2. These authors jointly supervised this work: Marina Caskey, Florian Klein, Michel C. Nussenzweig.

Affiliations

  1. Laboratory of Molecular Immunology, The Rockefeller University, New York, NY, USA

    • Yotam Bar-On
    • , Till Schoofs
    • , Joy A. Pai
    • , Lilian Nogueira
    • , Allison L. Butler
    • , Katrina Millard
    • , Thiago Y. Oliveira
    • , Theodora Karagounis
    • , Yehuda Z. Cohen
    • , Shiraz Belblidia
    • , Juan P. Dizon
    • , Maggi Witmer-Pack
    • , Irina Shimeliovich
    • , Jill Horowitz
    • , Marina Caskey
    •  & Michel C. Nussenzweig
  2. Laboratory of Experimental Immunology, Institute of Virology, University Hospital Cologne, Cologne, Germany

    • Henning Gruell
    • , Till Schoofs
    • , Kanika Jain
    •  & Florian Klein
  3. Department I of Internal Medicine, University Hospital Cologne, Cologne, Germany

    • Henning Gruell
    • , Clara Lehmann
    • , Isabelle Suárez
    • , Christoph Wyen
    • , Jörg J. Vehreschild
    • , Kerstin Fiddike
    •  & Gerd Fätkenheuer
  4. German Center for Infection Research, Partner Site Bonn–Cologne, Cologne, Germany

    • Henning Gruell
    • , Clara Lehmann
    • , Isabelle Suárez
    • , Jörg J. Vehreschild
    • , Gerd Fätkenheuer
    •  & Florian Klein
  5. Center for Molecular Medicine Cologne (CMMC), University of Cologne, Cologne, Germany

    • Clara Lehmann
    • , Isabelle Suárez
    •  & Florian Klein
  6. Praxis am Ebertplatz, Cologne, Germany

    • Christoph Wyen
  7. Praxis Hohenstaufenring, Cologne, Germany

    • Stefan Scholten
  8. Methods in Medical Informatics, Department of Computer Science, University of Tübingen, Tübingen, Germany

    • Lisa Handl
    •  & Nico Pfeifer
  9. Duke Human Vaccine Institute, Duke University, Durham, NC, USA

    • Kelly E. Seaton
    • , Nicole L. Yates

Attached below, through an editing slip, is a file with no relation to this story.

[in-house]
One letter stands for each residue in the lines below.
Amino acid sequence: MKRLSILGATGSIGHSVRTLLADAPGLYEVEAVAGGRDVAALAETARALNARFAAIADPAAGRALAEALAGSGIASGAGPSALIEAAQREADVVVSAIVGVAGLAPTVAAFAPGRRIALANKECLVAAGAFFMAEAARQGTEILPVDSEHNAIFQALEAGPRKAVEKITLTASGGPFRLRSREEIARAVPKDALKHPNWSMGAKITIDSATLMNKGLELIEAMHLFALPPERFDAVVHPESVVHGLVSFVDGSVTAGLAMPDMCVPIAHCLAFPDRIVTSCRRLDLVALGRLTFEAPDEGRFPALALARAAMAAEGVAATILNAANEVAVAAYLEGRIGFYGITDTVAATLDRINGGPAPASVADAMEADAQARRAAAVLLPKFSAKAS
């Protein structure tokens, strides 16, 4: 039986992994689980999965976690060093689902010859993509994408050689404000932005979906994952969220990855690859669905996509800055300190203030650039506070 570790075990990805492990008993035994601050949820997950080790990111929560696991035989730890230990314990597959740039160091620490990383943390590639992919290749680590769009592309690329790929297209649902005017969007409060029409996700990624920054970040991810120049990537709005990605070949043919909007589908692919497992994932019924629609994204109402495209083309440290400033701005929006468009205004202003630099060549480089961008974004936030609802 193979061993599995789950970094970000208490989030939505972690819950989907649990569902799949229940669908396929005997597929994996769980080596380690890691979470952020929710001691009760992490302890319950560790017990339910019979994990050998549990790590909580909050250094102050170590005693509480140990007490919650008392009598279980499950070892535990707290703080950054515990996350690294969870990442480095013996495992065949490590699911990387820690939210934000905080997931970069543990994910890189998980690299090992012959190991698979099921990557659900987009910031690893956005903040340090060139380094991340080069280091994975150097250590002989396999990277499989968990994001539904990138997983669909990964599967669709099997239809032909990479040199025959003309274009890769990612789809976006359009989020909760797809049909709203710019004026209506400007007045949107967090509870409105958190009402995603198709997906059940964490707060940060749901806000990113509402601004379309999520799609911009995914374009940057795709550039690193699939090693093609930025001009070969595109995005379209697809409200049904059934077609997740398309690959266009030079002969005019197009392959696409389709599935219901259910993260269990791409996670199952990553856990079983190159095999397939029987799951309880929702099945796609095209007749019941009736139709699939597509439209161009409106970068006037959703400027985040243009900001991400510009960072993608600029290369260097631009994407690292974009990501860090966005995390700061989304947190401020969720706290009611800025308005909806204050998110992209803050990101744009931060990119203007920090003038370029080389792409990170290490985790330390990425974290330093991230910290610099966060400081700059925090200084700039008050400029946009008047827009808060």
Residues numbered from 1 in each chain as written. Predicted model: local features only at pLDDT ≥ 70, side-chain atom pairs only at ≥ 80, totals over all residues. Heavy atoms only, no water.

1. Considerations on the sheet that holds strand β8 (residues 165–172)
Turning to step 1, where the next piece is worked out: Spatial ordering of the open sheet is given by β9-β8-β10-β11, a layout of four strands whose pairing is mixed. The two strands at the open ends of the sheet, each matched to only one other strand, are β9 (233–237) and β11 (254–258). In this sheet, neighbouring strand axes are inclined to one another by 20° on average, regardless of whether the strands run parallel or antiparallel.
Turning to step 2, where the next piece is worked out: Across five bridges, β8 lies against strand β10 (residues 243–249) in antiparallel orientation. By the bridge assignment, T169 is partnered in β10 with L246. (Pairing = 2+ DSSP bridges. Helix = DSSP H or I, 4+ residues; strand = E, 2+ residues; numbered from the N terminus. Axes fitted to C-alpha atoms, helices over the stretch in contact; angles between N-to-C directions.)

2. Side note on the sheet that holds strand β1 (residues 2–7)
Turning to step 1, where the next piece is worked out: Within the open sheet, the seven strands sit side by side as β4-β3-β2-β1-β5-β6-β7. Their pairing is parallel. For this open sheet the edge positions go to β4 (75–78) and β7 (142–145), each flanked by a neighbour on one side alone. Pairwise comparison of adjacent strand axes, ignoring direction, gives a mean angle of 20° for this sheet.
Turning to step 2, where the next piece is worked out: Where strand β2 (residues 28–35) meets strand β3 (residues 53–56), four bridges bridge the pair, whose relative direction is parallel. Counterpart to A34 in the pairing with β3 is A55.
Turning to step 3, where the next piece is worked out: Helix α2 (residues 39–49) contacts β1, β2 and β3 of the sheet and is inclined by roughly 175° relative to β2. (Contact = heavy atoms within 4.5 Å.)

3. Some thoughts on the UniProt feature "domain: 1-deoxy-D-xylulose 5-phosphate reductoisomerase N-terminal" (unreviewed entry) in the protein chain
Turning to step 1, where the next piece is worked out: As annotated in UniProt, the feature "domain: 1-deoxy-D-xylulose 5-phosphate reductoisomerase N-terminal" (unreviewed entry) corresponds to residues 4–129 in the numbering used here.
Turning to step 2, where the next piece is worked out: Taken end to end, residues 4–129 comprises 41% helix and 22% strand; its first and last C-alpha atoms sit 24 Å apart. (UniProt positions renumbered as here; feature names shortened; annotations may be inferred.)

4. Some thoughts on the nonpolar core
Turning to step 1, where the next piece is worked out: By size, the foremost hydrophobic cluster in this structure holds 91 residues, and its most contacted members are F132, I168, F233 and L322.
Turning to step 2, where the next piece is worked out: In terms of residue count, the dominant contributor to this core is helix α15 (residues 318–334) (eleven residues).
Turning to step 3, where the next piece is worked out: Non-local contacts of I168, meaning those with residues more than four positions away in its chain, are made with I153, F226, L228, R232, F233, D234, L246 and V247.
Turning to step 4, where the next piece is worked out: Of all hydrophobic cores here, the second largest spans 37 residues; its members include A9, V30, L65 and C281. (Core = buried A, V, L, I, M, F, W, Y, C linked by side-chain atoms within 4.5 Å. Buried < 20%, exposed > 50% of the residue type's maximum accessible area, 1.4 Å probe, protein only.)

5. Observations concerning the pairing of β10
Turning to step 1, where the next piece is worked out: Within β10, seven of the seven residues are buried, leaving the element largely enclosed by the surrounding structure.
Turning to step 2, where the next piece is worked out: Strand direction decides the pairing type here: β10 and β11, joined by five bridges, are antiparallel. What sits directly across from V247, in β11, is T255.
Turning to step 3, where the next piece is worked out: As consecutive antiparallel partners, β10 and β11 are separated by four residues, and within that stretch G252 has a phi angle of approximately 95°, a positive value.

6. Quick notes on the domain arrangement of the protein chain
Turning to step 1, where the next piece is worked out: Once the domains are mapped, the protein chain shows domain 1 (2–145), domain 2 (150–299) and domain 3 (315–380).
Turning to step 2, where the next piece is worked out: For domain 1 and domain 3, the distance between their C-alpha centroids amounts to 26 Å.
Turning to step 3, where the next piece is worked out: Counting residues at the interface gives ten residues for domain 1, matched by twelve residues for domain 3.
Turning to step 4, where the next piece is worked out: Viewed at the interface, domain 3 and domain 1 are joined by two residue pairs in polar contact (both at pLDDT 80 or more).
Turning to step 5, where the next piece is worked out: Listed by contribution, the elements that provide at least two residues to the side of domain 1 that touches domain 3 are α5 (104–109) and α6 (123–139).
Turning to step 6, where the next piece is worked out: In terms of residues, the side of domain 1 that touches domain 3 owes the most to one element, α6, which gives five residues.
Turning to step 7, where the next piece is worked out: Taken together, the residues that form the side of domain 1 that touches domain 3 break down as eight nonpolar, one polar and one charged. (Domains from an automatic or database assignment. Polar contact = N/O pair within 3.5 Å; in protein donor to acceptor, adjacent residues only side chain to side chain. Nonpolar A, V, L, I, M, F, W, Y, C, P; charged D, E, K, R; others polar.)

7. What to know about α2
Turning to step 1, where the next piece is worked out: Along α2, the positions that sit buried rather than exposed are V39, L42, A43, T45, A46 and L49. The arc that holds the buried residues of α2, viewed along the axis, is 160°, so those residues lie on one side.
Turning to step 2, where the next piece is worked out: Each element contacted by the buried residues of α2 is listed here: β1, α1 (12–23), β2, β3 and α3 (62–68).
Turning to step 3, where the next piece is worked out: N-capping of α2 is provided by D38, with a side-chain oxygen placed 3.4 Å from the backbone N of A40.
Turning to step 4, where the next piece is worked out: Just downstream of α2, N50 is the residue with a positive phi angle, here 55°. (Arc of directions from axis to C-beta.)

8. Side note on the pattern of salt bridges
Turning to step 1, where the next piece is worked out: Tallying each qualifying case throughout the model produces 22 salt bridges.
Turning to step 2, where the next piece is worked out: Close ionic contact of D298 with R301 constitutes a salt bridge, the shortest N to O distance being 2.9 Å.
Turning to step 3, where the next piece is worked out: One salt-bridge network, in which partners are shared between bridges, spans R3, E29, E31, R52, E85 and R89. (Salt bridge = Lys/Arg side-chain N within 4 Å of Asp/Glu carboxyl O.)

•  & Georgia D. Tomaras
  10. Division of Infectious Diseases, Weill Cornell Medicine, New York, NY, USA

    • Roy M. Gulick
  11. Medical Faculty, University of Tübingen, Tübingen, Germany

    • Nico Pfeifer
  12. German Center for Infection Research, Partner Site Tübingen, Tübingen, Germany

    • Nico Pfeifer
  13. Max Planck Institute for Informatics, Saarbrücken, Germany

    • Nico Pfeifer
  14. Departments of Surgery, Immunology and Molecular Genetics and Microbiology, Duke University, Durham, NC, USA

    • Georgia D. Tomaras
  15. Center for Virology and Vaccine Research, Beth Israel Deaconess Medical Center, Harvard Medical School, Boston, MA, USA

    • Michael S. Seaman
  16. Howard Hughes Medical Institute, The Rockefeller University, New York, NY, USA

    • Michel C. Nussenzweig

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Contributions

M.C. (principal investigator in the United States), F.K. (principal investigator in Germany) and M.C.N. designed the trial; Y.B.-O., H.G., M.C., F.K. and M.C.N. analyzed the data and wrote the manuscript; Y.B.-O., T.S. and T.K. performed single-genome sequencing; H.G., A.L.B., K.M., M.W.-P., K.F., J.H., M.C. and F.K. implemented the study; Y.Z.C., R.M.G. and G.F. contributed to study design and implementation; C.L., I.Su., C.W. and S.S. contributed to participant recruitment and clinical assessments; J.A.P. and T.Y.O. performed bioinformatics processing; H.G., L.N. and T.K. performed viral cultures; L.H. and N.P. contributed to statistical analyses; S.B., J.P.D., J.J.V., I.Sh. and K.J. performed, coordinated or contributed to sample processing; K.E.S., N.L.Y. and G.D.T. performed anti-idiotypic ELISAs; and M.S.S. performed neutralization assays.

Competing interests

There are patents on 3BNC117 and 10-1074 on which M.C.N. is an inventor.

Corresponding authors

Correspondence to Marina Caskey or Florian Klein or Michel C. Nussenzweig.

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DOI

https://doi.org/10.1038/s41591-018-0186-4